Universal Social Order

    Continued from: To Contain A Heart’s Desire

    But in other words, this word means a certain particular, universal social order attached to the status quo of marriage, and that is precisely: that the bride leaves the house of her parents to live with her husband, in the house of her husband’s parents or somewhere else with him alone. But henceforth the husband’s house becomes her house, the husband’s parents – her parents-in-law, the husband’s brothers and sisters – her brothers- and sisters-in-law. Giving away one’s girl in marriage is giving her away altogether, in terms of custom, to someone else’s house, to another family. For her, now-onwards, husband’s house and family come first, and only later comes her parent’s house (to add here the phrase ‘if at all’, would be a bad myth). In a civil society, however, meaning no itching, unfortunately, for the feminists, marriage cannot mean anything else, for example: ‘giving away the boy in marriage’. If someone itches to say that a bride’s father buys the groom with the dowry he gives, my answer is ‘no’. I won’t, either, even be that impolite to say that the bride’s father bribes the groom to accept his daughter to rid himself of the social taboo, that would otherwise come. That would be incomplete and incorrect too. A father’s duty cannot be perfunctory.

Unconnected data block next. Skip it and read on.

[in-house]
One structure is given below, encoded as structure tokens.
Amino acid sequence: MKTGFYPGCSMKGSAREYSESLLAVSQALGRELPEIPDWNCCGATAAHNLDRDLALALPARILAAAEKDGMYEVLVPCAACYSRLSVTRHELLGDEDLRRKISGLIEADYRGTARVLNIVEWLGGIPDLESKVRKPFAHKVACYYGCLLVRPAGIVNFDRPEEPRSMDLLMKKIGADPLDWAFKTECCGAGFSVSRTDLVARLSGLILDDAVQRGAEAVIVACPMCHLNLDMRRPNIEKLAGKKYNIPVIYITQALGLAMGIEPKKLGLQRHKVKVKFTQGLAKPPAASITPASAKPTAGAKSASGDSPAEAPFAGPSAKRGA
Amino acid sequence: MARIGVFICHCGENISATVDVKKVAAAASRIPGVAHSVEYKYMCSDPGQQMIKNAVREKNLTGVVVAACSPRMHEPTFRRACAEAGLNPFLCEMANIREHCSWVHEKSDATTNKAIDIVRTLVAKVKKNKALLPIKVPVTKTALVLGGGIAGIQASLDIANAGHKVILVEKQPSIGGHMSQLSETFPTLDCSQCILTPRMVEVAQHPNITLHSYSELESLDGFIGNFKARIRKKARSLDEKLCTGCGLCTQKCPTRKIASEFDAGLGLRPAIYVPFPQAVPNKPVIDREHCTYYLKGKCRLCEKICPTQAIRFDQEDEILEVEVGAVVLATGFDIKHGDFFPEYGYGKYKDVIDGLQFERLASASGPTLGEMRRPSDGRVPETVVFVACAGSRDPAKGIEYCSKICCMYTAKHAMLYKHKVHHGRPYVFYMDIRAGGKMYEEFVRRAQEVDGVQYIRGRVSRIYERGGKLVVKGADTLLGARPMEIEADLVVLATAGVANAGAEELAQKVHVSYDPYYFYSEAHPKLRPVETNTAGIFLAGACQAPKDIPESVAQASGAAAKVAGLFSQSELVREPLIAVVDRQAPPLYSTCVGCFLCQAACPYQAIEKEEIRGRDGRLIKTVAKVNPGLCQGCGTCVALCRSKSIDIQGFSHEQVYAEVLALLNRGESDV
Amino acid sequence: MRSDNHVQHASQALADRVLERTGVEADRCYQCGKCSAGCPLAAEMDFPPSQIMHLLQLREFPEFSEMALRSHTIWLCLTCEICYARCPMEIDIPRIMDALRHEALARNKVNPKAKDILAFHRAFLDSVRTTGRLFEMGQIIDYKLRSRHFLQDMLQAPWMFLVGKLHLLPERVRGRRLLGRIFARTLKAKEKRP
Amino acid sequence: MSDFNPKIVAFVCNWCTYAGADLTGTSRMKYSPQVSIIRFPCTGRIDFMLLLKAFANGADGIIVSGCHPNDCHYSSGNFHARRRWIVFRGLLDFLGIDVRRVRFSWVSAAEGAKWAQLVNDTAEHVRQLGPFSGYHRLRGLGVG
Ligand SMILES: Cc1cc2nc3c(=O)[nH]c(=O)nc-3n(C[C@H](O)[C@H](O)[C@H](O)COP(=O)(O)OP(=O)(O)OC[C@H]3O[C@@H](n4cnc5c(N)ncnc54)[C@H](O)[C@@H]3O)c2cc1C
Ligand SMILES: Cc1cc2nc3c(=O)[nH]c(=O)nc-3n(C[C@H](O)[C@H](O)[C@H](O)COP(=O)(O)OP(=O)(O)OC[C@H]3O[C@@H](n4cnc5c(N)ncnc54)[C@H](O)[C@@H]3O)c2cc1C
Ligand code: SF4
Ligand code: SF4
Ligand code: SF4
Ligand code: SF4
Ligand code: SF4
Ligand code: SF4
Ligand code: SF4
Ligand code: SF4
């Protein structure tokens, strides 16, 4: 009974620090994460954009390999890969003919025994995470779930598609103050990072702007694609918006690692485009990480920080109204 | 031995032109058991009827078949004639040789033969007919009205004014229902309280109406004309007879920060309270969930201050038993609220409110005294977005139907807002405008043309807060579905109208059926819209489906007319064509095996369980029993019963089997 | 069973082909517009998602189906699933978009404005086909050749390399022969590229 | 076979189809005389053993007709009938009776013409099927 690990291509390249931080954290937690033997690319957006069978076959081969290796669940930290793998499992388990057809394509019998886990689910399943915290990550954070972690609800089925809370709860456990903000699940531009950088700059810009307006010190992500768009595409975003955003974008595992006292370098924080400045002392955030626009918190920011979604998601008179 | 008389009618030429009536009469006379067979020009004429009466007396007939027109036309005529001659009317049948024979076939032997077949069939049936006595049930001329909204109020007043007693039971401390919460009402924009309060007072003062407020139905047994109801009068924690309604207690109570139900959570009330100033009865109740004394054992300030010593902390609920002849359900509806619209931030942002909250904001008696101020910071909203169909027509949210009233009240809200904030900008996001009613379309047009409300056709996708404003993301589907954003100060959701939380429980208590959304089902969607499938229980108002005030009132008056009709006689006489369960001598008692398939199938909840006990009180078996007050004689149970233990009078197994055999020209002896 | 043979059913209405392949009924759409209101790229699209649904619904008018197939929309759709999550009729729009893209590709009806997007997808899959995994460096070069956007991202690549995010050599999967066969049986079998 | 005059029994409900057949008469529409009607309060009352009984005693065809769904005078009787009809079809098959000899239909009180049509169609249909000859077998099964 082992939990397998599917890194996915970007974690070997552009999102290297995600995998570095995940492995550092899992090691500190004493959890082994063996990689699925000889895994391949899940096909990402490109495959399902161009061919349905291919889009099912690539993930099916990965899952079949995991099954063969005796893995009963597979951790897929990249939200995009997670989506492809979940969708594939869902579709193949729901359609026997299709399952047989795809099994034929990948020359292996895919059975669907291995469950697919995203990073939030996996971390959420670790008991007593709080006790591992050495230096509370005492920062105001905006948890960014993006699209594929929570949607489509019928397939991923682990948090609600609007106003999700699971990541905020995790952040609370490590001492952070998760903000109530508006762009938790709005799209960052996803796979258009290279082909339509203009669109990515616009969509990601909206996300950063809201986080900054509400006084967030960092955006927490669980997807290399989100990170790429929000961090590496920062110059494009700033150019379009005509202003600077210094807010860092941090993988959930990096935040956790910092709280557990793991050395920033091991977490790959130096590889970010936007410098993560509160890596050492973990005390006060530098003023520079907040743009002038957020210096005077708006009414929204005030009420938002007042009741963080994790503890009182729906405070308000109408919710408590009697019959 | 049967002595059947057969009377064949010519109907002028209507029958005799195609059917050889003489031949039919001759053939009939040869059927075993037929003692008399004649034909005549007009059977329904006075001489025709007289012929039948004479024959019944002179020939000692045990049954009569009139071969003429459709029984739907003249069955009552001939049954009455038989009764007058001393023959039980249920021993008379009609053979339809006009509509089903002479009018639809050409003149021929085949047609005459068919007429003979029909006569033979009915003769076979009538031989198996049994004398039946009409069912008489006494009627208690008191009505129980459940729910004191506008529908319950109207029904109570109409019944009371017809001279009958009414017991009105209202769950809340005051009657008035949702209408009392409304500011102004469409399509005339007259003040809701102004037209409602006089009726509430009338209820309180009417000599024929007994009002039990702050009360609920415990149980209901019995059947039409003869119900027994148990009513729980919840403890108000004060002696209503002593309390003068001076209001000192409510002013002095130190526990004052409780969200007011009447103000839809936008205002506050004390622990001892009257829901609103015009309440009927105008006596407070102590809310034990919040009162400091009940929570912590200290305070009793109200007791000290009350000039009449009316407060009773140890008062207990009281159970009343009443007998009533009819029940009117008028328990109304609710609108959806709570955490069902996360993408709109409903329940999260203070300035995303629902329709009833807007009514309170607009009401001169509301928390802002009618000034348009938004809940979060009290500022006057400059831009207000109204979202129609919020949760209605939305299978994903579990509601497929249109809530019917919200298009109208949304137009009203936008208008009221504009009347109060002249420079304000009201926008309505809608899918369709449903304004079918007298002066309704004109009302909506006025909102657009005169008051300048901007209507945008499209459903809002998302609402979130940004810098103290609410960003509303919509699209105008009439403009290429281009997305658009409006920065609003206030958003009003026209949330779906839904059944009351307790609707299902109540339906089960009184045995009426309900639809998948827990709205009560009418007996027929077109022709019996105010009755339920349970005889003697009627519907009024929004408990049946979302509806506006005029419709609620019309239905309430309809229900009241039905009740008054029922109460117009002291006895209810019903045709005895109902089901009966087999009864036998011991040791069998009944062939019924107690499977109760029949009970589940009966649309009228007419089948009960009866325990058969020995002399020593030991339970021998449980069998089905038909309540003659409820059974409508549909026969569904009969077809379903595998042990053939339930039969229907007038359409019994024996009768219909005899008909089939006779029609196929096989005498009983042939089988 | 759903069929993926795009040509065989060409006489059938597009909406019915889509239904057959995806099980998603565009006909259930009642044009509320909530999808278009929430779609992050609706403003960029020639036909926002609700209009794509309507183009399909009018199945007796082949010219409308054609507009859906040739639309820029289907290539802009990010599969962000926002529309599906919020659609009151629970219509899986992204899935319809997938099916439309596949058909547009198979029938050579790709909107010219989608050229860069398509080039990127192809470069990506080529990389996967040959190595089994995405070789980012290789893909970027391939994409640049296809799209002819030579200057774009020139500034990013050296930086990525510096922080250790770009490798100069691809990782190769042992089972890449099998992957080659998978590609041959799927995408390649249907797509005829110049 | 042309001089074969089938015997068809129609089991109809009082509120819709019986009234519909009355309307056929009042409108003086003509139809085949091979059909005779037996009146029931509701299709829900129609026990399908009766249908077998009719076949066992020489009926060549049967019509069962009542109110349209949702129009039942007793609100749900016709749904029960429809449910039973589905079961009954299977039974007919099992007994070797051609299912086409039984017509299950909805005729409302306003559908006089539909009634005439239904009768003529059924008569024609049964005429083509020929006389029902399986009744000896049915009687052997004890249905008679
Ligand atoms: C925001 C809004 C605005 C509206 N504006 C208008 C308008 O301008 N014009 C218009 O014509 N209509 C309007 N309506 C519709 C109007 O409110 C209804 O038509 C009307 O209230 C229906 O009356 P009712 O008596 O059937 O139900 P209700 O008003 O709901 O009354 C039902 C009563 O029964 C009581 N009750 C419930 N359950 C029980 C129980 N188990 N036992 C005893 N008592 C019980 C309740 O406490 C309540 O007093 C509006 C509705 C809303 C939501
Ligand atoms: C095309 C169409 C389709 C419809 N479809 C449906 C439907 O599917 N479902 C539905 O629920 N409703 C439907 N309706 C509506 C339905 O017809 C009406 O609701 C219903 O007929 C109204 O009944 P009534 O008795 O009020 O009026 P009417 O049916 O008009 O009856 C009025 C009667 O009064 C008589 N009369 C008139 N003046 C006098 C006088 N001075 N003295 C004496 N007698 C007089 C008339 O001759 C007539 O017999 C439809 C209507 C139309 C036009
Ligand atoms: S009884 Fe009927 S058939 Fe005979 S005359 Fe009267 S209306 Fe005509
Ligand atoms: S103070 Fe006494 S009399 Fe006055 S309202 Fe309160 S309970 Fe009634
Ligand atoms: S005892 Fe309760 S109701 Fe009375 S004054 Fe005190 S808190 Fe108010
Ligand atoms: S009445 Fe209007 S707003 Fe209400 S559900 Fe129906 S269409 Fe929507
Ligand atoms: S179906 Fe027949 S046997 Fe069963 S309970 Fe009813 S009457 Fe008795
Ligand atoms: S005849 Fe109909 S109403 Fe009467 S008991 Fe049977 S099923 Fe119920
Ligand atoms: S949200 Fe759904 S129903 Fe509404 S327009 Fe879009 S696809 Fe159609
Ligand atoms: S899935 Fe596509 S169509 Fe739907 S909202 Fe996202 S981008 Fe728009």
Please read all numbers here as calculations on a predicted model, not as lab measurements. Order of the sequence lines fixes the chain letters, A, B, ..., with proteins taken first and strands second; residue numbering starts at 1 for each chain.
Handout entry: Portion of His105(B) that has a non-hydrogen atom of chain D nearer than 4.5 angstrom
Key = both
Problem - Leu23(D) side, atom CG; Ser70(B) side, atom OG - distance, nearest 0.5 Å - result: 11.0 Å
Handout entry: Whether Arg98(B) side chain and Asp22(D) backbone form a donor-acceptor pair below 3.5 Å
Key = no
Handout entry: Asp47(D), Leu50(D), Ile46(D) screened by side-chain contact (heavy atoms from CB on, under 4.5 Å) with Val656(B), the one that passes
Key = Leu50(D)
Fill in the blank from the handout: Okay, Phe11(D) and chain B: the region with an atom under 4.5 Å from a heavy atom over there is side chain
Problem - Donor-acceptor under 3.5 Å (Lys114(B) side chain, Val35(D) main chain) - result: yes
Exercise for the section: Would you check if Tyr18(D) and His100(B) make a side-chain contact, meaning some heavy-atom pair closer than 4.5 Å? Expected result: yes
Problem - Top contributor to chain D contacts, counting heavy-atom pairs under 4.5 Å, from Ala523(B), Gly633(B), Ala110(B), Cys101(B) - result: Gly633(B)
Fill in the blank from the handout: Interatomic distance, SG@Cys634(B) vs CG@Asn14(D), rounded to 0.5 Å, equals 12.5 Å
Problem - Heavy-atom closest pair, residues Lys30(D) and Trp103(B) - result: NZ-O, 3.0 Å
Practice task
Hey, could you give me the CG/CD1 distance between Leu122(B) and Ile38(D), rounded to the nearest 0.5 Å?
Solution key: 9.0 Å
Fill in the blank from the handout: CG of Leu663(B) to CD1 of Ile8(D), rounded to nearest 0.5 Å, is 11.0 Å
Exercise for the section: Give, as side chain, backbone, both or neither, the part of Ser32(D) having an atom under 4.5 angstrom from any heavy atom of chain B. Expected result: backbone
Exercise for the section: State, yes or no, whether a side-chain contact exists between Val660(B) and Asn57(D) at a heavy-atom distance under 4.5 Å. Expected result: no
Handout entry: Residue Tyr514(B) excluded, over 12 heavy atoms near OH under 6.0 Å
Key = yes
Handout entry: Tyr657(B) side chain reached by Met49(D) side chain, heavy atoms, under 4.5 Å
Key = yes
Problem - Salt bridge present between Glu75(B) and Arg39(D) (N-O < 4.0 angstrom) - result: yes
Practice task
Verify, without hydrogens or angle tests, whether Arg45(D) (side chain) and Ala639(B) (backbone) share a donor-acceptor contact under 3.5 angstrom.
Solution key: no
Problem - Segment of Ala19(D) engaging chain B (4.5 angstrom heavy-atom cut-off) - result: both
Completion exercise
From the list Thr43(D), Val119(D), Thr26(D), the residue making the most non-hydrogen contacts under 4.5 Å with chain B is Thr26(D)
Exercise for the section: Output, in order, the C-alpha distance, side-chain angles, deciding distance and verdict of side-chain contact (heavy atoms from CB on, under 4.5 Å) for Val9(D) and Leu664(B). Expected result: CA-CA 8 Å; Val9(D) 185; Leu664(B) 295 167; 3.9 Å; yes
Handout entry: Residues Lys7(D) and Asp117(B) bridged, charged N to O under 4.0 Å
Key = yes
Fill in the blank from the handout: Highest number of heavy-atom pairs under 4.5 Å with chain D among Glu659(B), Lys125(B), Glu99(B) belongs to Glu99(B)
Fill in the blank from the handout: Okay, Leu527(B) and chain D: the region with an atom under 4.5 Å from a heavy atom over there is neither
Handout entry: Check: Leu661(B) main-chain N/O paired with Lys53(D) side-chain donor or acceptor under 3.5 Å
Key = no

What poses odd, is the sense in which the concept of ‘kanyadan’ comes into being and use. It literally means ‘giving away girls in marriage’. The notions it carries with it are most derogatory. ‘Giving away of the girl’ by her family makes out a commodity of her, albeit, a dignified commodity, but with no sense of self and self-respect attached to the female, to the individual, to the human being. Marriage as an institution has gone down a long march in our society, from ‘swayamvar’ to ‘kanyadan’. Historical evidence proves that in ancient times, in the early period of civilization, there was no discrimination in society on the basis of gender. Women had equal rights and say regarding their marriage, as much as their contemporary men had.

    Bharadwaj Mishra
    Bharadwaj Mishra
    Bharadwaj Mishra, 1975 Odisha born, a Delhi University Post Graduate in Social Sciences, with a professional career in banking for around two decades, is engaged in creative writing and with film society. As on date he has two English poetry collections published, “Farewell To Kalpana Saikia” (Author’s Press, New Delhi) and “Bathing Ghat At Kotipalli” (Athena Books, Bhubaneswar). He has published English Essays, Poetry and Short Stories with English language magazine of Kendriya Sahitya Academy, Indian Literature and few others. He also does English subtitling for Odia language films. He is single and lives with his parents in Bhubaneswar.
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